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    What Michael Kors might be getting wrong about ecommerce

    February 11, 2016
    7 minute read
    What Michael Kors might be getting wrong about ecommerce
    What Michael Kors might be getting wrong about ecommerce

    Takeaway: Michael Kors CEO John Idol wanted to throw in the towel on ecommerce since the brand's brick-and-mortar sales are strong. Before they throwout or even decrease their ecommerce efforts, they might want to look at the problem from the distributed commerce lens.

     Michael Kors - the brand, not the guy - recently made some waves. For starters, the company announced that its holiday sales were much stronger than expected, albeit not great: a 1 percent dip at holiday locations, according to Bloomberg's Shelly Banjo. That led to a 26 percent boost to share prices.

    However, that wasn't the only way that Michael Kors drew attention lately. John Idol, the company's CEO, used this occasion to claim that ecommerce isn't exactly panning out for Michael Kors. He said that, as it stands today, the brand's brick-and-mortar presence is more profitable, and he doubted that ecommerce would ever supplant physical sales. *Collective gasp*. 

    It's very possible that Michael Kors is right about ecommerce - and, at the same time, very wrong.

    The thing that Michael Kors may be overlooking here is that ecommerce and brick-and-mortar sales is not a zero-sum game. Sales in the one channel don't necessarily take away sales from the other, nor should they be evaluated against each other when it comes to company resources. On the contrary, the two can (and do!) work together as part of a broader distributed commerce strategy. But that'll only happen for those companies that can see the bigger picture and embrace the newfound opportunities.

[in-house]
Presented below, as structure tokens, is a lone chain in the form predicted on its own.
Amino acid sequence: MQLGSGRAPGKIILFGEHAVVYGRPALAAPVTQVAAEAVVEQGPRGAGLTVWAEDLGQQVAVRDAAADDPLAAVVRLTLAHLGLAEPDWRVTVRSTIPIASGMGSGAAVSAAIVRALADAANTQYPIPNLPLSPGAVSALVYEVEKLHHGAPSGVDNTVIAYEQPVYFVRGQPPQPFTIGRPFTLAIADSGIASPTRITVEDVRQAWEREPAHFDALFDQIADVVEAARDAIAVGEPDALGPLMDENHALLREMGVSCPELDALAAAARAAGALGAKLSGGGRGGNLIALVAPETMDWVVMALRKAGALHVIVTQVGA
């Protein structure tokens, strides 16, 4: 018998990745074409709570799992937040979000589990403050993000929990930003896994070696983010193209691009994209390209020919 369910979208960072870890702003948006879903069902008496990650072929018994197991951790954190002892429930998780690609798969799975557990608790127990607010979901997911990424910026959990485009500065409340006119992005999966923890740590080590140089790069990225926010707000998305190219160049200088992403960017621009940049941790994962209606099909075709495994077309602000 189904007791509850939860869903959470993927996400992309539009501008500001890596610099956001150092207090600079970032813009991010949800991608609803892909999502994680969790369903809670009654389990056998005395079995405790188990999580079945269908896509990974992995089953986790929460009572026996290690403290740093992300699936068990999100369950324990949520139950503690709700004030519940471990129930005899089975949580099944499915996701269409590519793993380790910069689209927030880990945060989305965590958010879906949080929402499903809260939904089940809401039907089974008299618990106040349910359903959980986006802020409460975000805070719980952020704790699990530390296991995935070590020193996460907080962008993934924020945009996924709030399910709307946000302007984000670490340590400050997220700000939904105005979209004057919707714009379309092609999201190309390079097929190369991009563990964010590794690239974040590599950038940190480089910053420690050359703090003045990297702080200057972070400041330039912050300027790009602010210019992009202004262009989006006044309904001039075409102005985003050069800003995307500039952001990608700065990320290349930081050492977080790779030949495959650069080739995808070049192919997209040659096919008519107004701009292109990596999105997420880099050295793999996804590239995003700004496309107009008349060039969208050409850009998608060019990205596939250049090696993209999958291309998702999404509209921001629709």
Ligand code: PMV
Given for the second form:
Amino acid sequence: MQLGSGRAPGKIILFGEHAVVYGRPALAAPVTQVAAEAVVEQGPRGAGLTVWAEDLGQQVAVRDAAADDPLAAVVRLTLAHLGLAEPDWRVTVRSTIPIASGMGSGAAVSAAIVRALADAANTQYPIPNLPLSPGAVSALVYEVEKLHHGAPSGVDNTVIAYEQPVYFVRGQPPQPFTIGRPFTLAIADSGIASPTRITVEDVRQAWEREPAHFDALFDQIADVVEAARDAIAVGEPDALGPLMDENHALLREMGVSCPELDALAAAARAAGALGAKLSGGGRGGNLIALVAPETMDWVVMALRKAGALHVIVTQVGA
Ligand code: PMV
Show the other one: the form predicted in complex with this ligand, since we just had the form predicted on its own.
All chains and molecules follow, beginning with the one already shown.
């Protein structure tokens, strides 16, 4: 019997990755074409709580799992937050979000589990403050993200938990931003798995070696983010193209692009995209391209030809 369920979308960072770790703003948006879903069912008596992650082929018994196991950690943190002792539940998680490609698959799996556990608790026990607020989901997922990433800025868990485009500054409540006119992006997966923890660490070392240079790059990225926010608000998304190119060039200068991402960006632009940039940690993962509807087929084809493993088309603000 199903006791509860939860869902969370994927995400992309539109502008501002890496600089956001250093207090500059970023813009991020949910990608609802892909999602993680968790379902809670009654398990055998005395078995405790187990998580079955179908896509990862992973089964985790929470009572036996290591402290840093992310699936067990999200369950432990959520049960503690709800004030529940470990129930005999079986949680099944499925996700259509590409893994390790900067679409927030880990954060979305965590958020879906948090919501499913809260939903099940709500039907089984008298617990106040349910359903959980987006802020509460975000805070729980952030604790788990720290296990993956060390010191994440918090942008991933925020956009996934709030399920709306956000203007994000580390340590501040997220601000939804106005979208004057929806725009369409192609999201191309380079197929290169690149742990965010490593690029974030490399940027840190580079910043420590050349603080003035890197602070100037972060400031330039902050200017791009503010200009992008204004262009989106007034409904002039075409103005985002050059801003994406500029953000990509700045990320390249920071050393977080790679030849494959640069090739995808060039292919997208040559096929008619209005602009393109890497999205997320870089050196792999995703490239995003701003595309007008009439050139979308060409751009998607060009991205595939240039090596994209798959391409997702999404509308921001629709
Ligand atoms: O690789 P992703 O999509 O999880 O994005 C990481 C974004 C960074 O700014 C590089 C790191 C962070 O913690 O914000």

"Sales in one channel don't steal sales from another."

    Michael Kors leaning on brick-and-mortar
    Idol's views of ecommerce can be seen in the company's store-opening plans. As Banjor reported, instead of leaning more heavily into ecommerce - as the vast majority of brands and retailers are doing - Michael Kors is looking to expand its brick-and-mortar presence. Michael Kors aims to have 1,000 stores up and running eventually, and Idol said that he doesn't expect online sales to ever represent more than 20 to 30 percent of its business.

    Banjo went on to argue that "[t]he reality at Michael Kors undercuts the conventional wisdom among retailers  that ecommerce would prove to be more profitable than in-store sales." She further added that retailers have yet to figure out how to make sure their growing online sales translate into profits - especially as online sales dip at Walmart, Gap and other leading sellers.

    The right approach to distributed commerce
    It's easy to see why some companies like Michael Kors have come to view ecommerce this way. It's true that this channel's been hyped up a ton over the past decade or more and yet not every retailer or brand has seen the great results they were promised.